Israel on the way to regulate ICOs

After outgoing Securities Authority chairman Prof. Shmuel Hauser compared the relatively new initial coin offering to binary options, the Israel Securities Authority has now changed its direction and considered adopting the Swiss regulatory model. This comes against the backdrop of the meteoric rise in the value of the Bitcoin – holding now at around £12,600 – and the storm generated by the virtual currency in the financial world.

Israel is characterised by experts in the industries of fintech and crypto as a global centre for ICOs. Israeli companies do not carry out ICOs in Israel, but because of tax considerations, they prefer to carry out such issues by establishing a subsidiary abroad in a country with a softer tax regime.

>See also: Bitcoin, Ethereum and other cryptocurrencies surge

In addition, fundraising in Israel is currently facing tough restrictions on companies that issue real shares. Therefore, ICO implementation in countries where there is a special framework for such issuances may be more convenient.

An example of a rigid limitation is the inability to fundraise in Israel with over 35 investors, which led to the fact that, with the exception of one Israeli company, all the Israeli companies originally carried out by ICO did so outside of Israel.

Last summer, the Israel Securities Authority set up a special committee to examine the matter, and the committee met with many law firms and consultants to study the field. The first model examined was the Swiss model.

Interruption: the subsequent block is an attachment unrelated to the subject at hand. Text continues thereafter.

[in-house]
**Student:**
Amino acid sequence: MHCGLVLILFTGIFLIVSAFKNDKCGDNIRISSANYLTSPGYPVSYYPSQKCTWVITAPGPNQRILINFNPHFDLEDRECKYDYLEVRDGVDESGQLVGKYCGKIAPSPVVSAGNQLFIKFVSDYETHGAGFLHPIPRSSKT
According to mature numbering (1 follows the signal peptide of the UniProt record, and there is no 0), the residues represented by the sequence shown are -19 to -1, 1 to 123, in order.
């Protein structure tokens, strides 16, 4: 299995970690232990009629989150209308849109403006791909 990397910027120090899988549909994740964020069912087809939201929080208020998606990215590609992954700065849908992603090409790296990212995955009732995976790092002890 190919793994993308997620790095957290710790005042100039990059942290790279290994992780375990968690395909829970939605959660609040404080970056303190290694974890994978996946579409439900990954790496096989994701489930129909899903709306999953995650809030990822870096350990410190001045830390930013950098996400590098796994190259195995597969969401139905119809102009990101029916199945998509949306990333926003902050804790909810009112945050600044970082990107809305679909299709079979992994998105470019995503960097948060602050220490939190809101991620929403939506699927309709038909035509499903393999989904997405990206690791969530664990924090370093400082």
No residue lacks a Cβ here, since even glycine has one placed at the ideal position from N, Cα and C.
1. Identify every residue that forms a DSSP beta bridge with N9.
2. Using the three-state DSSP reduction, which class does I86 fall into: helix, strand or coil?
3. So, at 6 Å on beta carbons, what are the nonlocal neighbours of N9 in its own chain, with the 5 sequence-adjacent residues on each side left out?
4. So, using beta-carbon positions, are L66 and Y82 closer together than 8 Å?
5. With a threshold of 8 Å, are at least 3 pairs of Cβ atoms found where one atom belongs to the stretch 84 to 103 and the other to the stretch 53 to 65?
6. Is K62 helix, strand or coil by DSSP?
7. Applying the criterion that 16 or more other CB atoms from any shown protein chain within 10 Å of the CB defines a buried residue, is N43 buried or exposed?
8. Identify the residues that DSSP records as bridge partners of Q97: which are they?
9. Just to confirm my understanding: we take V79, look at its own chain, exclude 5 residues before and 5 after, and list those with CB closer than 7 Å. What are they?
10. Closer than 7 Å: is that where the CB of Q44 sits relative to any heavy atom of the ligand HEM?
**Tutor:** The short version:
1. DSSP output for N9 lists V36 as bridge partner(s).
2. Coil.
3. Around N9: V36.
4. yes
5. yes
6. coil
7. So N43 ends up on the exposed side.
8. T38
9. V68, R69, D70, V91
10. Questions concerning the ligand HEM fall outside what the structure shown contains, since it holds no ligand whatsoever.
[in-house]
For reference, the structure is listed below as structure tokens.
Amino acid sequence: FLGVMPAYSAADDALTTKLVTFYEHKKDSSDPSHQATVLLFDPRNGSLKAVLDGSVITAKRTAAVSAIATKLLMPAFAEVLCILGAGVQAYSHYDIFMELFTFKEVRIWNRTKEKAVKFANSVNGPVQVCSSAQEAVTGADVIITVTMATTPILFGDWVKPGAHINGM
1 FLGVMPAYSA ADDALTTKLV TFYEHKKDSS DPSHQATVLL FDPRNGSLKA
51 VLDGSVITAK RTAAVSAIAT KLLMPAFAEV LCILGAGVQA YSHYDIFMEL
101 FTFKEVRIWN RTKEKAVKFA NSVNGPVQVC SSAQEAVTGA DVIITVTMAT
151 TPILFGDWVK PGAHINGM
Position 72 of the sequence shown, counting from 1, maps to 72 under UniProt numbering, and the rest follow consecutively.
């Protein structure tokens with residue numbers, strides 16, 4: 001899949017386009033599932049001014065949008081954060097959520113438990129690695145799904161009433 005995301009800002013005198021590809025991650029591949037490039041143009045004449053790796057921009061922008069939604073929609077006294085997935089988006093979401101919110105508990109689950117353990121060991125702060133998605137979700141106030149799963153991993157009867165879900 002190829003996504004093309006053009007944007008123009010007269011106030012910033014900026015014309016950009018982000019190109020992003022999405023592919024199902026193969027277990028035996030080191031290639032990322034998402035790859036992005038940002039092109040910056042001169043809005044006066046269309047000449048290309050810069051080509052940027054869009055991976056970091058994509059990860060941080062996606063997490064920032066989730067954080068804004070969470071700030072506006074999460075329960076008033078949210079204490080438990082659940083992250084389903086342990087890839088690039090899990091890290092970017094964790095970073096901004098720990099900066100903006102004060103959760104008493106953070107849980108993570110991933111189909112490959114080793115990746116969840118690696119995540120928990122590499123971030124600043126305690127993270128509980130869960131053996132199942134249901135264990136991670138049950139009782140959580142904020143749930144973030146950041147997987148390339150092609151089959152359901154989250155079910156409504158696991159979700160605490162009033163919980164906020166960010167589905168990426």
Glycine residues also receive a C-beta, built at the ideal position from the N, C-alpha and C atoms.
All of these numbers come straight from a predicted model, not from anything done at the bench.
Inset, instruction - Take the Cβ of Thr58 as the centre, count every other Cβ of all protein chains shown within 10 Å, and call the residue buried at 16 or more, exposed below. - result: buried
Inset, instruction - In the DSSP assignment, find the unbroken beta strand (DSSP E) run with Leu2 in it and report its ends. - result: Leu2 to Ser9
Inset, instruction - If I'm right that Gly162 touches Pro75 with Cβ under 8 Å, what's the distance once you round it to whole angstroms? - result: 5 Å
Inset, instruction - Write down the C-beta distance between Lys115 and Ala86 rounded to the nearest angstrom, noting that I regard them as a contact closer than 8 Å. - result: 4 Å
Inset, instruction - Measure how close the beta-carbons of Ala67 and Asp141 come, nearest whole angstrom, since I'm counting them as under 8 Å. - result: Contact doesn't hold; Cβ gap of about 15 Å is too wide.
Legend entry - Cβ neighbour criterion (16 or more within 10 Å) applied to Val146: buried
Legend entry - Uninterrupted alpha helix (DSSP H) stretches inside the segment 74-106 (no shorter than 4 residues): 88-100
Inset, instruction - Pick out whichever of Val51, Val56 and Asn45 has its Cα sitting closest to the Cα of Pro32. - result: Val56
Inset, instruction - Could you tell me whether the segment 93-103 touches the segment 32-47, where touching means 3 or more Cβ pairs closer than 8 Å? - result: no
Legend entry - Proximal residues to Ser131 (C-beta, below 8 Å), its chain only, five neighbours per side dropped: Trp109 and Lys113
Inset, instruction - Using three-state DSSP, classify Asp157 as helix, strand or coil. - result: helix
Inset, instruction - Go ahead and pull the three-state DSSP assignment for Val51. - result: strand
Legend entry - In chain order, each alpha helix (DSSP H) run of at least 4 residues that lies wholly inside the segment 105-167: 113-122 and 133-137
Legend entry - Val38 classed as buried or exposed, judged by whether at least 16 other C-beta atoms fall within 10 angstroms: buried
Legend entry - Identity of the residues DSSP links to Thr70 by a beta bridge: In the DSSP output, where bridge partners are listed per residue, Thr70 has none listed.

According to this model, there is specific legislation for companies that issue virtual currencies – regardless of whether the currency itself is issued or not, and if the currency allows only the purchase of a service or product, then it is not considered securities, subject to additional criteria.

>See also: A how-to-guide: payment for development services with cryptocurrency

If the issued currency confers rights, such as voting rights, it is considered securities, but Swiss legislation, in general, ignores the question whether the issued currency is security or not, but refers to raising capital through the issue of any virtual currency.

Eric Klein, CEO of NKOR said: “It is a universal wake-up call and the bells ring hard. The digital currency industry created a tsunami effect. Regulation of the issue is essential for any country that strives to march along with technological progress. The train is long gone and policymakers around the world can no longer bury their heads in the sand. Personally, I predict that the wind blows toward regulation, in the form of crowdfunding.”

Avatar photo

Nick Ismail

Nick Ismail is a former editor for Information Age (from 2018 to 2022) before moving on to become Global Head of Brand Journalism at HCLTech. He has a particular interest in smart technologies, AI and...